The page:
num_kin_eq1 - 5.68J/10.652J Numerical Solution to Kinetic...

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5.68J/10.652J Feb 13, 2003 Numerical Solution to Kinetic Equations Lecture 1 The Problem We want to solve l H 1 dn i = ± ν r l ( T n ) Transport V of out i of Eq.(1) , ' ' V dt i Where n i is the number of moles of species ‘i’, ν is the matrix of stoichiometric coefficients, and r l = Rateof Step ' l ' (units: moles/volume-second) For a typical bimolecular elementary step reaction A+B = C+D: T A B T C r l = k forward ] ][ )[ ( k ][ )[ ( D ] reverse For a typical gas-phase dissociation reaction A= C + D: , C r l = k ( P T ] )[ k ( P T ][ )[ D ] forward , A reverse For a typical gas-phase isomerization reaction A = C: , A , C r l = k forward ( P T ] )[ k ( P T ] )[ reverse The rate constants also usually depend (weakly) on the chemical environment (e.g. dielectric constant), so they strictly are not really constant but (very weak) functions of all the n’s. Note that the forward and reverse rates are normally related by the equilibrium constant, related to the free energy of reaction (thermochemistry). It is important to appreciate that except in the simplest cases, there is no analytical solution to this system of differential equations, so we MUST use the computer to solve them numerically. Approximations like quasi-steady-state extend the range of systems where analytical (approximate) solutions are possible, but you don’t have to get very complicated before even the steady-state-approximation solutions are intractable.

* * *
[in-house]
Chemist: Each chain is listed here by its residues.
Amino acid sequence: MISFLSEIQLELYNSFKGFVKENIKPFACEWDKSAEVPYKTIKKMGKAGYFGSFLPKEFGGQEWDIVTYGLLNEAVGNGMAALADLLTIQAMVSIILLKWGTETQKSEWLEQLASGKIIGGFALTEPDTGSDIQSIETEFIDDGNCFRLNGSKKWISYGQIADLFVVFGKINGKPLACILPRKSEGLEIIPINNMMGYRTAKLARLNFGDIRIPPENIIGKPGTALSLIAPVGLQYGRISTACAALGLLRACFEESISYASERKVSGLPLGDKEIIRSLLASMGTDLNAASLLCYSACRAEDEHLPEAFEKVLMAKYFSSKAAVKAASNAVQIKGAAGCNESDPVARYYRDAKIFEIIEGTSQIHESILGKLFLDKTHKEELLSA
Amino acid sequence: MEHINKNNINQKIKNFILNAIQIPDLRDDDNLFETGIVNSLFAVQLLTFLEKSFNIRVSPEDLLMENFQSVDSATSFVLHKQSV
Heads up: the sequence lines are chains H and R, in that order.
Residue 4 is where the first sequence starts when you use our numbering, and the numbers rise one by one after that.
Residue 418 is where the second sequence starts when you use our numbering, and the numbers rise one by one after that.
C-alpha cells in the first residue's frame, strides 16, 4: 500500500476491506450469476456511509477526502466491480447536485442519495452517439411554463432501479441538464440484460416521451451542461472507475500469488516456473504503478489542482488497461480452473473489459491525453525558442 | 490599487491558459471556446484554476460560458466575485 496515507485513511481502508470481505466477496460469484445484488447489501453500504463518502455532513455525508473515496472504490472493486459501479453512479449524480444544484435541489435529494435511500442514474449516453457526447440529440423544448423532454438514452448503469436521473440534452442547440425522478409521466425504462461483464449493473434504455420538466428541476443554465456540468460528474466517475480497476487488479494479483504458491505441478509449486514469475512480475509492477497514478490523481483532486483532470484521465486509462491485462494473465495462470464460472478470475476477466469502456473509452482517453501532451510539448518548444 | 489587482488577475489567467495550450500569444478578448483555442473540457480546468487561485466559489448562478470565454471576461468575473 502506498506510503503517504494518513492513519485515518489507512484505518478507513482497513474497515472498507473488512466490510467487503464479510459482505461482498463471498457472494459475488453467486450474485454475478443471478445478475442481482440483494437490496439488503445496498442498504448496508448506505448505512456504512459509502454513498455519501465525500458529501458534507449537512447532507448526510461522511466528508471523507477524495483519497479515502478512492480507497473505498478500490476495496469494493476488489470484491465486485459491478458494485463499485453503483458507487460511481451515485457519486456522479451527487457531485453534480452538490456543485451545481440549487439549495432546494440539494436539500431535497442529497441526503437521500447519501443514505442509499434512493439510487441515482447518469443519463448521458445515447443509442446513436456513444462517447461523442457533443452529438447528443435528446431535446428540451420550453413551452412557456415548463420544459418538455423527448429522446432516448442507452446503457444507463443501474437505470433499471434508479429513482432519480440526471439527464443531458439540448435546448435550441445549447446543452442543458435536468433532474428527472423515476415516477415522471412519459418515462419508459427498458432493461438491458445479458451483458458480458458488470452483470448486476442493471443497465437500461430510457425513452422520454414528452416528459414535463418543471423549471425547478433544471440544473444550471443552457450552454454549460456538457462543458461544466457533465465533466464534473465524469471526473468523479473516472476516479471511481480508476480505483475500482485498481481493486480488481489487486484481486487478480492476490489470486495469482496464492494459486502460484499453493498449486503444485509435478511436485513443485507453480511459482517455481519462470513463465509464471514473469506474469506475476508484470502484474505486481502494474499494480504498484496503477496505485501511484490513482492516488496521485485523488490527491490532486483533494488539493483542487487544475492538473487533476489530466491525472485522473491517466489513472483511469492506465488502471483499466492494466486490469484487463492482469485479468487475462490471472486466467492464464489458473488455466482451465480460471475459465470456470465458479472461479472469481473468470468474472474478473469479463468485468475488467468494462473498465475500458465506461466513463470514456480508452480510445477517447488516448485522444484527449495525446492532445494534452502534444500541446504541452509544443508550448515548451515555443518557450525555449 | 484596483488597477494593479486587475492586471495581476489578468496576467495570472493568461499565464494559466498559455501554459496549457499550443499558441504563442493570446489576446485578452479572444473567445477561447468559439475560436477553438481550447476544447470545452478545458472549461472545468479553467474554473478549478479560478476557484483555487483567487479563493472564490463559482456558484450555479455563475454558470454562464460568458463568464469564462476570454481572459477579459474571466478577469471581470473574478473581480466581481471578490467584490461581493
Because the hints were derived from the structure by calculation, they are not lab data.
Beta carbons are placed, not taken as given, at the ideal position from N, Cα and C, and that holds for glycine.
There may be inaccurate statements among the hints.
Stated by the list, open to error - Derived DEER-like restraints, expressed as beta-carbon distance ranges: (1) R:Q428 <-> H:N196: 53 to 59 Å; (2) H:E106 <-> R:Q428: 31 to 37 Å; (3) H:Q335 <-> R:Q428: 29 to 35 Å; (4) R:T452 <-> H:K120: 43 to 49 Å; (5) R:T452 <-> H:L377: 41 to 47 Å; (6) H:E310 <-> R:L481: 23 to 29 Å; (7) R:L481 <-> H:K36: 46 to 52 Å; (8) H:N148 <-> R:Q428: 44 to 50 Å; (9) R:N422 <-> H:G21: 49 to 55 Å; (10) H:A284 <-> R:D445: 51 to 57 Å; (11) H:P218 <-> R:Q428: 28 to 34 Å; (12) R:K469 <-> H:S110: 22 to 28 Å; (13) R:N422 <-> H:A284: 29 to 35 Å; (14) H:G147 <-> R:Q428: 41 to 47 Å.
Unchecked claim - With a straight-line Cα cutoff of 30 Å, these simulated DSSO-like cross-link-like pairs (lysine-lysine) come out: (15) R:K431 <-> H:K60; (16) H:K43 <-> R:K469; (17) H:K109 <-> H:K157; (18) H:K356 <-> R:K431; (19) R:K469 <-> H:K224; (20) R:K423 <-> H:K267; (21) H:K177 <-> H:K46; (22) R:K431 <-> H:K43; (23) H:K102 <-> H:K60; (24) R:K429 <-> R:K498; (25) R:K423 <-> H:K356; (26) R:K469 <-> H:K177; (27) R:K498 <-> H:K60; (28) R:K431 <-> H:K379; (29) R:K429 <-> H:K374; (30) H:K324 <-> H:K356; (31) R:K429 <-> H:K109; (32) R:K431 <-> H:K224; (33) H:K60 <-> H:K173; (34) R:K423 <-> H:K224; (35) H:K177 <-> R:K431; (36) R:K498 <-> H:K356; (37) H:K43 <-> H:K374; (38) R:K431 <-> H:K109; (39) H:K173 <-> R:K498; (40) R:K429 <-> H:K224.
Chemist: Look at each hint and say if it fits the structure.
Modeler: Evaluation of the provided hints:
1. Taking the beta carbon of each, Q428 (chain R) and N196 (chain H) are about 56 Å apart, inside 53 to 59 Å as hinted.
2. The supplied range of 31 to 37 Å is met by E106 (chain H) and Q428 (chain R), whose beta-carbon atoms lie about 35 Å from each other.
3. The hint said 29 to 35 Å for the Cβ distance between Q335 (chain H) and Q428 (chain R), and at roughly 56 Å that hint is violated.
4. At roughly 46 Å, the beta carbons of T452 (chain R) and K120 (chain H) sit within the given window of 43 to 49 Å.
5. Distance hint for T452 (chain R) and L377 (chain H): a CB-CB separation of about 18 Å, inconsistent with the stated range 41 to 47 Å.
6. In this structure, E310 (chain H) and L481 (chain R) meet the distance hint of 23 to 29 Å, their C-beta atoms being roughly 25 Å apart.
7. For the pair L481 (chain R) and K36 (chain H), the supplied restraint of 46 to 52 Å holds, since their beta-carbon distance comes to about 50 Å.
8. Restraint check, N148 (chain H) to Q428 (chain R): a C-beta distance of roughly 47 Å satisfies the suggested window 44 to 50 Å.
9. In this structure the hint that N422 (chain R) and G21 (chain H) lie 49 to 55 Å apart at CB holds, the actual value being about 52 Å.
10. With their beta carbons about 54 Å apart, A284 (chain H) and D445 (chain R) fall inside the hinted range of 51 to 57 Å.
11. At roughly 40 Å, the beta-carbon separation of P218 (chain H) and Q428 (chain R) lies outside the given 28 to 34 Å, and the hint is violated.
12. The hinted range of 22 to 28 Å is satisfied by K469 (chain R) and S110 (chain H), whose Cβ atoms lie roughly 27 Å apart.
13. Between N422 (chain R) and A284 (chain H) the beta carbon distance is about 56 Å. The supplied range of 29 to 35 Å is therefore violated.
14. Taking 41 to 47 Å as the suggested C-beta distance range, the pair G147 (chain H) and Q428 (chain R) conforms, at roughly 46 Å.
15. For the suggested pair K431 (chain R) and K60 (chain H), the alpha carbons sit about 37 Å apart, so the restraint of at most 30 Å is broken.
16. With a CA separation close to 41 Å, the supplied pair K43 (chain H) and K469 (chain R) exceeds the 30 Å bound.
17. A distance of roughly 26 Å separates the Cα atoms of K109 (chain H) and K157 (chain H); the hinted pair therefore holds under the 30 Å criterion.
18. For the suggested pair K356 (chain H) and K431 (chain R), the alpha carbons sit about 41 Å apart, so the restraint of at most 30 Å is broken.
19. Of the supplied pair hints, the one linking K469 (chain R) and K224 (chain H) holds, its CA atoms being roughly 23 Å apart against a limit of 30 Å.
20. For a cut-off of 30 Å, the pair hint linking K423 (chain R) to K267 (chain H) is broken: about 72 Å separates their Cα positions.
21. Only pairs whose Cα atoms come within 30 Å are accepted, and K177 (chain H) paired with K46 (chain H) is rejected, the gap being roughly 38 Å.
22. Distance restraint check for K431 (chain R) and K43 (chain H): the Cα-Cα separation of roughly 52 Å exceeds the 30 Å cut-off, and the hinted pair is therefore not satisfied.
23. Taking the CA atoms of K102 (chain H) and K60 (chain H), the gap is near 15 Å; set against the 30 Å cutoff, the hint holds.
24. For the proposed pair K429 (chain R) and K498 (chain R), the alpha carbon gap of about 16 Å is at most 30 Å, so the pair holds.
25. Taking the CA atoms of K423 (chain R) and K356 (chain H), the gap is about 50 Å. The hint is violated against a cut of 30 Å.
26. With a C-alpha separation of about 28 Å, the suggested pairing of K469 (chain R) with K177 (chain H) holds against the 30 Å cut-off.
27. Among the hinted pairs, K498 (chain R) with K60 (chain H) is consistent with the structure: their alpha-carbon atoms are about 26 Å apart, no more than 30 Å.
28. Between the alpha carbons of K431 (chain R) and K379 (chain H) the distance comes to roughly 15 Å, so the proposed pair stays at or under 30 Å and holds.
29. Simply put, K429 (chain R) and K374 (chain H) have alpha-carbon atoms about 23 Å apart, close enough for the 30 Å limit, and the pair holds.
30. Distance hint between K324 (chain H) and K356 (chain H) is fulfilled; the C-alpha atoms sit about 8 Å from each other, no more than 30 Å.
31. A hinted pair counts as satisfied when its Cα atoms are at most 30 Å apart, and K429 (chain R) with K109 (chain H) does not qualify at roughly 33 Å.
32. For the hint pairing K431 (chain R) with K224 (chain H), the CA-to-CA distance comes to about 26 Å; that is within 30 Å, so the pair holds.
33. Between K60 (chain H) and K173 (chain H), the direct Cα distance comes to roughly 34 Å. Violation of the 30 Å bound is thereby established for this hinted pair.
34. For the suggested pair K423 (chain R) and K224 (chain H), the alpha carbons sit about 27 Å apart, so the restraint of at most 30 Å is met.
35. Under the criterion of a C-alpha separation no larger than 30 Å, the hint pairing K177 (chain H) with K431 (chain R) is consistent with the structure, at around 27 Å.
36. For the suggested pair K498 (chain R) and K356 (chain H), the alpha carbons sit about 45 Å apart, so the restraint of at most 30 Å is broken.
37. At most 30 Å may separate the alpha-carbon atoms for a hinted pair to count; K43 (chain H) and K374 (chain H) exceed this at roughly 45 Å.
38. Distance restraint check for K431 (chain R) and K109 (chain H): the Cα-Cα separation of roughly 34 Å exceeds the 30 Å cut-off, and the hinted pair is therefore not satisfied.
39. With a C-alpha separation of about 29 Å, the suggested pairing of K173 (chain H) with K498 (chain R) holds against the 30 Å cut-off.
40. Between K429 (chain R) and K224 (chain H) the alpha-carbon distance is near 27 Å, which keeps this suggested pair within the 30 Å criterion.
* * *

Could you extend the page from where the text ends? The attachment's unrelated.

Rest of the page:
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± ² ³ ´ µ i i More About the Fundamental Equation Chemistry textbooks usually give instead of Eq. (1) the equation: i d l H , ] [ = ± ν r l ( T n ) Eq.(2) dt i But Eq.(2) is true only if dV/dt = 0 (“isochoric”) and there is no transport (i.e. perfectly homogeneous, no convective flow). These textbook approximations are good for dilute reactions in solution or for constant volume apparatus (e.g. bomb calorimeter, shock tube). In many important cases the system is isobaric, i.e. dP/dt = 0, so if the temperature increases or there is a change in the number of moles of gas V will change. It is convenient to express the equation in terms of intensive quantities rather than the extensive variables n and V. The intensive variables that work best are mass fractions y ι : W n i = ] [ y = i W i i ρ M total dy W i 1 dn i V dt Transport V of out i of ' ' = dt You can plug in the same expression as above for the term in parentheses. Note that mole fractions x i are not such a good choice for kinetics as mass fractions, since the number of moles can change in chemical reactions, but the mass does not. However one writes the chemical reaction equations, one must be explicit about the
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This note was uploaded on 11/27/2011 for the course CHEMICAL E 20.410j taught by Professor Rogerd.kamm during the Spring '03 term at MIT.

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num_kin_eq1 - 5.68J/10.652J Numerical Solution to Kinetic...

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